Nicole Charles, Learn to Swim, 2016

SII Nicole Charles.jpg
SII Nicole Charles.jpg

Nicole Charles, Learn to Swim, 2016

230.00

Limited edition digital print on 310gsm Ilford Galerie Smooth Cotton Archival Paper 

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‘Nature does many things only once, only once did she make a Kauri forest, and this was one of the most sublime of all her noble works. By chance the Kauri forests were entrusted to our care, and we have destroyed them most completely, all but this last most pitiful remnant.’
— Professor W.R.McGregor(Story of the Kauri, A.H. Reed.)

The Waipoua Kauri forest sanctuary in Northland is one of these ancient remnants. It evolved in isolation from the rest of the world in a land once dominated by birds, where kauri sheltered all.  Yet centuries of reckless destruction involving burning, logging, spraying, conversion to pine plantations and farmland and the constant threat of introduced and invasive species has whittled the ngahere down to a mere fragment of its former self.  As noble as it is, this taonga is no longer pristine, it is not untouched and is fast approaching a state of cosmic barrenness. Climatic change and the Kauri Dieback disease continue its decline and, in an environment of ever decreasing connectivity to other natural areas, how kauri ecology inter-act and ultimately fare is uncertain. It raises the question, will kauri adapt fast enough and should we be looking to kauri as both a cultural and ecological indicator of what is to come? What then is the reciprocal responsibility of humans towards kauri and the irreplaceable biodiversity they support? Are we even capable of managing such things? How we respond to these issues, how we perceive, engage and negotiate these shared spaces within such rapidly shifting environments will be important factors in providing for future generations. We have become divorced from nature, but is it not too late to cultivate an ecological identity that fosters a sustainable and holistic coexistence with nature? We are locked in an embrace and if we could only recognize that we are but one part within the whole, that nature is not our creation but its survival our concern, then the kauri and its forest culture might yet be restored.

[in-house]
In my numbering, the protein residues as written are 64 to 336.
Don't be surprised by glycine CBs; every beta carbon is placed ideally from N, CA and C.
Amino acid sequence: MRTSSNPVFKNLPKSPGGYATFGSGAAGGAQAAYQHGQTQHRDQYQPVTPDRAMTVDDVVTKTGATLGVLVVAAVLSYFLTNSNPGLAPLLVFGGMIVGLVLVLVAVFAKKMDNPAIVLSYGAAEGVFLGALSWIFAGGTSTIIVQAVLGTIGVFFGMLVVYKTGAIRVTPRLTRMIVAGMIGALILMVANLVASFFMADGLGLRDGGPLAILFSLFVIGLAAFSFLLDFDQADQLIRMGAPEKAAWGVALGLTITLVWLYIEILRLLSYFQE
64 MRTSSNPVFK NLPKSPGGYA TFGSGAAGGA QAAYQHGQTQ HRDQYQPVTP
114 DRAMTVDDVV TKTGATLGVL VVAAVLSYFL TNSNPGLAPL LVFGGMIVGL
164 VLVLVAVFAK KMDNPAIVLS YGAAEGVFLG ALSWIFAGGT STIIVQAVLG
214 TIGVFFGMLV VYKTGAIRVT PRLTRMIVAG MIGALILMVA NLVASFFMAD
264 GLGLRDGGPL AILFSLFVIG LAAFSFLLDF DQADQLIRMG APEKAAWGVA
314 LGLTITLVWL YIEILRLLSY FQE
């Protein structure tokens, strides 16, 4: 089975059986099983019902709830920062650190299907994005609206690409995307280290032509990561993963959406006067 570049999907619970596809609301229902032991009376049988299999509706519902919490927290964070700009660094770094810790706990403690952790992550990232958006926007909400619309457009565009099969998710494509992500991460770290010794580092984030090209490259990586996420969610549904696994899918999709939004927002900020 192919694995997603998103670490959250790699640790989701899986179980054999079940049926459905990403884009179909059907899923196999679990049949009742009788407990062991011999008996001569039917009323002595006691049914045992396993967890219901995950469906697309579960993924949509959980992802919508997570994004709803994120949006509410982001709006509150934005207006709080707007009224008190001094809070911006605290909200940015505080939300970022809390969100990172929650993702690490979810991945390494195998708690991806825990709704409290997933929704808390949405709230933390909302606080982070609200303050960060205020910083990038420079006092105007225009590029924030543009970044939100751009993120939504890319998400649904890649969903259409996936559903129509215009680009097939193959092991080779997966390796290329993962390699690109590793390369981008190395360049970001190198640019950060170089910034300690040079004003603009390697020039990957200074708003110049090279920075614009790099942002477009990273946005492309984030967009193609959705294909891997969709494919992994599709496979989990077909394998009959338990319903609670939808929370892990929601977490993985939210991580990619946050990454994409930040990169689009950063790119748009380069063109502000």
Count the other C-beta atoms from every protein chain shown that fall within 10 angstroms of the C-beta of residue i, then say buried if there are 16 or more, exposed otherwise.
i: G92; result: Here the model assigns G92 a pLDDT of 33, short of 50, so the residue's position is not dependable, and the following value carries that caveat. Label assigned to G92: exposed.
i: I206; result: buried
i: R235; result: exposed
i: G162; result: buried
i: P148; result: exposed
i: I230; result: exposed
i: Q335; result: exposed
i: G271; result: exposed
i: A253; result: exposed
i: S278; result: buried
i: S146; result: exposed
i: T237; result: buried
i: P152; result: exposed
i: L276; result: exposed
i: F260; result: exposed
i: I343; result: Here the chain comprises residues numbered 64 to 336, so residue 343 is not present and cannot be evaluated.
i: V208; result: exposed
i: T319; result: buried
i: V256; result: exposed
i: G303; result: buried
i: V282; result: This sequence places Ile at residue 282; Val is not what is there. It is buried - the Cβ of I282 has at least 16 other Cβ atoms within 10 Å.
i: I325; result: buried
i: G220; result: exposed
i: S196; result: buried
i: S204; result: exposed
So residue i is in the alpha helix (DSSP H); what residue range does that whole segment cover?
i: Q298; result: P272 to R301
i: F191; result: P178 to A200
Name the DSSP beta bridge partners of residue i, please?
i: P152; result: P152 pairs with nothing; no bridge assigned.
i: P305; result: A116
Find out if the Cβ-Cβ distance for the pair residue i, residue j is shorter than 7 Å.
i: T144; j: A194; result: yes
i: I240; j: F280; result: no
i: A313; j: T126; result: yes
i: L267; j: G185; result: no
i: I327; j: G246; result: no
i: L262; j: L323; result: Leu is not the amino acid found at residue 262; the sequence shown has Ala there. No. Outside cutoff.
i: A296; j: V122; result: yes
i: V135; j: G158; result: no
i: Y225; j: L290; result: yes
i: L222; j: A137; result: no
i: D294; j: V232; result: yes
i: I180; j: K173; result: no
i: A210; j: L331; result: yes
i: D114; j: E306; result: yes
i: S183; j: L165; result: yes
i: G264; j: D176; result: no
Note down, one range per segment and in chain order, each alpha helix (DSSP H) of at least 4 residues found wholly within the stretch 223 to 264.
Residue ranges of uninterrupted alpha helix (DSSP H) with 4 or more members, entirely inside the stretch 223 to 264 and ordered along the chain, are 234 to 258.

Nicole Charles is a multi-media artist living at the edge of the Waipoua forest. In 2013 she completed a BFA (Hons) at Elam School of Fine Arts. Her practice explores the human condition in relation to the natural world, and seeks to highlight a spiritual and emotional entanglement that flows both ways.